Strathclyde Partnership for Transport’s (SPT) pioneering community transport efforts received a financial boost recently. SPT’s Operations Committee approved match funding of £60,000, in addition to a £119,329 Scottish Government grant. This investment will allow the organisation’s vital work in the field to progress at pace.
The funding will create jobs in the community transport sector and create training opportunities for volunteer drivers. The Volunteer Training Programme for drivers provides access to vital training that might otherwise not be available and without qualified volunteers the community transport sector would be under severe threat.
The programme will focus on providing training opportunities to those who are long-term unemployed, looking for a career change, returning to the workplace or young people looking to learn new skills.
This funding will also enable SPT to further develop its Community Transport Public Social Partnership, which involves public bodies working closely with third sector organisations in the design of demand responsive transport models than can be developed, trialled and ultimately delivered.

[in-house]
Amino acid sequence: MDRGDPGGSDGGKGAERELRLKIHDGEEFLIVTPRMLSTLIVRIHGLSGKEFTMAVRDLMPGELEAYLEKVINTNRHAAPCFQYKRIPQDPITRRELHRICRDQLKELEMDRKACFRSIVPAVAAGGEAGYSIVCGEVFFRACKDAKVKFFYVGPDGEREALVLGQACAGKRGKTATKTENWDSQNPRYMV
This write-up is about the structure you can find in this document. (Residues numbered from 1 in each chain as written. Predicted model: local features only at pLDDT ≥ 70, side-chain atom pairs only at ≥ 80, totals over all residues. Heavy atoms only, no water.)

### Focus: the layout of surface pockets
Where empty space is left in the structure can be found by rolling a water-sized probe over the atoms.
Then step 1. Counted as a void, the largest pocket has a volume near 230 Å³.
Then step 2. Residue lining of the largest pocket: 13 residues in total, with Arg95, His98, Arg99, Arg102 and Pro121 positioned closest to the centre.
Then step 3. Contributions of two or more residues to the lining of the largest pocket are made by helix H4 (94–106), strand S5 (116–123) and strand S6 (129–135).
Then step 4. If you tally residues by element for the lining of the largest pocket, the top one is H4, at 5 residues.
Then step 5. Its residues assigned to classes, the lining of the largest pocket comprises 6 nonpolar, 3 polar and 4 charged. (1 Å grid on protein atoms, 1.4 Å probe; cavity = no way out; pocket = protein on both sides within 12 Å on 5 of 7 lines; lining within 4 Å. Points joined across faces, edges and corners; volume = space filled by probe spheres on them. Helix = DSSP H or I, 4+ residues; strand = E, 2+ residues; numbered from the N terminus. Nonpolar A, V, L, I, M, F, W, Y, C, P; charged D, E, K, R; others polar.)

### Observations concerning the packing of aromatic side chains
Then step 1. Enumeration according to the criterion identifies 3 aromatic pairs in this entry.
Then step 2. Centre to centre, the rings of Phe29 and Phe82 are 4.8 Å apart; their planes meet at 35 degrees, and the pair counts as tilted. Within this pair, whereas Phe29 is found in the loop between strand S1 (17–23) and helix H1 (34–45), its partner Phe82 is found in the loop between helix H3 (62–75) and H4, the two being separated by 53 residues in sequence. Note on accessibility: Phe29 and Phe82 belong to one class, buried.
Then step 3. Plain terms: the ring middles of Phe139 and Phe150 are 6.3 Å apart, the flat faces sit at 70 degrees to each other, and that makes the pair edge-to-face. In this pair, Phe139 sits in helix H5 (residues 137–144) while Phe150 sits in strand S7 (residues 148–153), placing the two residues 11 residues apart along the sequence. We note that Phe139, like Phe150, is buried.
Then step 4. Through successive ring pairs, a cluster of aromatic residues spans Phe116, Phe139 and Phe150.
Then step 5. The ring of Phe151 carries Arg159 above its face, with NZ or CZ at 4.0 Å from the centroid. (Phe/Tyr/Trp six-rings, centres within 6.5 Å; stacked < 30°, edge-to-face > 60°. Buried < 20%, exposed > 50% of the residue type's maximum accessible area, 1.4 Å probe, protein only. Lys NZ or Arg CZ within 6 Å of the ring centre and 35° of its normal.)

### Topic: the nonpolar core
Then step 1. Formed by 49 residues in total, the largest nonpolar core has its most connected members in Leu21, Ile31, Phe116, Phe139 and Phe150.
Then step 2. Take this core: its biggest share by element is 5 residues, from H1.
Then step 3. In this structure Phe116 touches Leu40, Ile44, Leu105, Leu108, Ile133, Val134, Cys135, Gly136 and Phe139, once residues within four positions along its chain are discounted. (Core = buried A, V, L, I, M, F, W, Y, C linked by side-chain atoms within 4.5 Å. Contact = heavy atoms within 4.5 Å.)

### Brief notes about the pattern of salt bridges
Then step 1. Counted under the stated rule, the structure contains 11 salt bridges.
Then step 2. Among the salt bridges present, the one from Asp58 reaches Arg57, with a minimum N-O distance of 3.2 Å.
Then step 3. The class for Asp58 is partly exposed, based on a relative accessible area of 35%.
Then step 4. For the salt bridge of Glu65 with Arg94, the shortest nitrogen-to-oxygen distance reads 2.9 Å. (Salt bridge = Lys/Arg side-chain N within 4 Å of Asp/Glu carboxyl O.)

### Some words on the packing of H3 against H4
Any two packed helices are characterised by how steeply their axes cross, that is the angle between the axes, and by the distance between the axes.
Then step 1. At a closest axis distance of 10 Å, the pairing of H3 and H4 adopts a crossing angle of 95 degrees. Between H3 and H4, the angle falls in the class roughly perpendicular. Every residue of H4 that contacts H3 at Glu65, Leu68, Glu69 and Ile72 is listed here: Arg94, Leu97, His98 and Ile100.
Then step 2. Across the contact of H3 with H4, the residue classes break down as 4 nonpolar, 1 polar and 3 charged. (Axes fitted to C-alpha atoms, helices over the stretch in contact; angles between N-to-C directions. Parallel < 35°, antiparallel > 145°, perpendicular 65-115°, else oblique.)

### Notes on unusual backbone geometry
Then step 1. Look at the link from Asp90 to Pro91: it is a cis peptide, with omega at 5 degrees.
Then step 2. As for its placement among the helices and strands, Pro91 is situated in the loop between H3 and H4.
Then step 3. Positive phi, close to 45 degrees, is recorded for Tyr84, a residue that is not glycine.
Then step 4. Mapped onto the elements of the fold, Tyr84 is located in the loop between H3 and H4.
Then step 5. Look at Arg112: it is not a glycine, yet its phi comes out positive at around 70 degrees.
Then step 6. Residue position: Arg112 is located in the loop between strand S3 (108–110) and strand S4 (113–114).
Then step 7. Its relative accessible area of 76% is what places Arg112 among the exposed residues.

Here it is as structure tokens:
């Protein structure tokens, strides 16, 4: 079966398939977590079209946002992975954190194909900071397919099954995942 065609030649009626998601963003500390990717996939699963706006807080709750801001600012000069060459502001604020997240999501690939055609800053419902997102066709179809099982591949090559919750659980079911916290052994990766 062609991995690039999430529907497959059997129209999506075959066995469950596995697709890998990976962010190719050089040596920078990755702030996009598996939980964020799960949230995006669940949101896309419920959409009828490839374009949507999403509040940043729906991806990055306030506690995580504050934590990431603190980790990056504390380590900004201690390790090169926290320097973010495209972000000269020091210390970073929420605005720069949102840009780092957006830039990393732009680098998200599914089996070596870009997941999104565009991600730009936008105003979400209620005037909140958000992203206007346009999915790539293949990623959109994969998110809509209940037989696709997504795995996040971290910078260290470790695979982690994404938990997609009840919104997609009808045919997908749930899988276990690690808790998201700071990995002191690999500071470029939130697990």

SPT Vice Chair Denis McKenna said:
“I’m delighted that funding has been confirmed so that the great work this project promises to deliver can push on.
“The role of community transport is changing. Public sector budgets are reducing and the commercial bus market is rapidly shrinking. Local communities are relying on the community transport sector now more than ever to access employment, healthcare and other essential services.
“As the local transport authority, we want to encourage and empower community transport to provide these vital services. This is an excellent example of how the public and third sectors can work together to deliver services that are more responsive to people’s needs and better value.”
“It is also great to see the funding being used to tackle a number of social and economic issues. It will not only help bolster the third sector and address transport problems but it will also give people new skills and create jobs, creating even more value for the wider community.”
SPT’s demand responsive MyBus service, which caters to thousands of passengers unable to make use of public transport, is a key feature of the project. The service has become a lifeline for many local communities and, as such, the Community Transport sector is ideally placed to work alongside SPT to assist in the design and delivery of this service.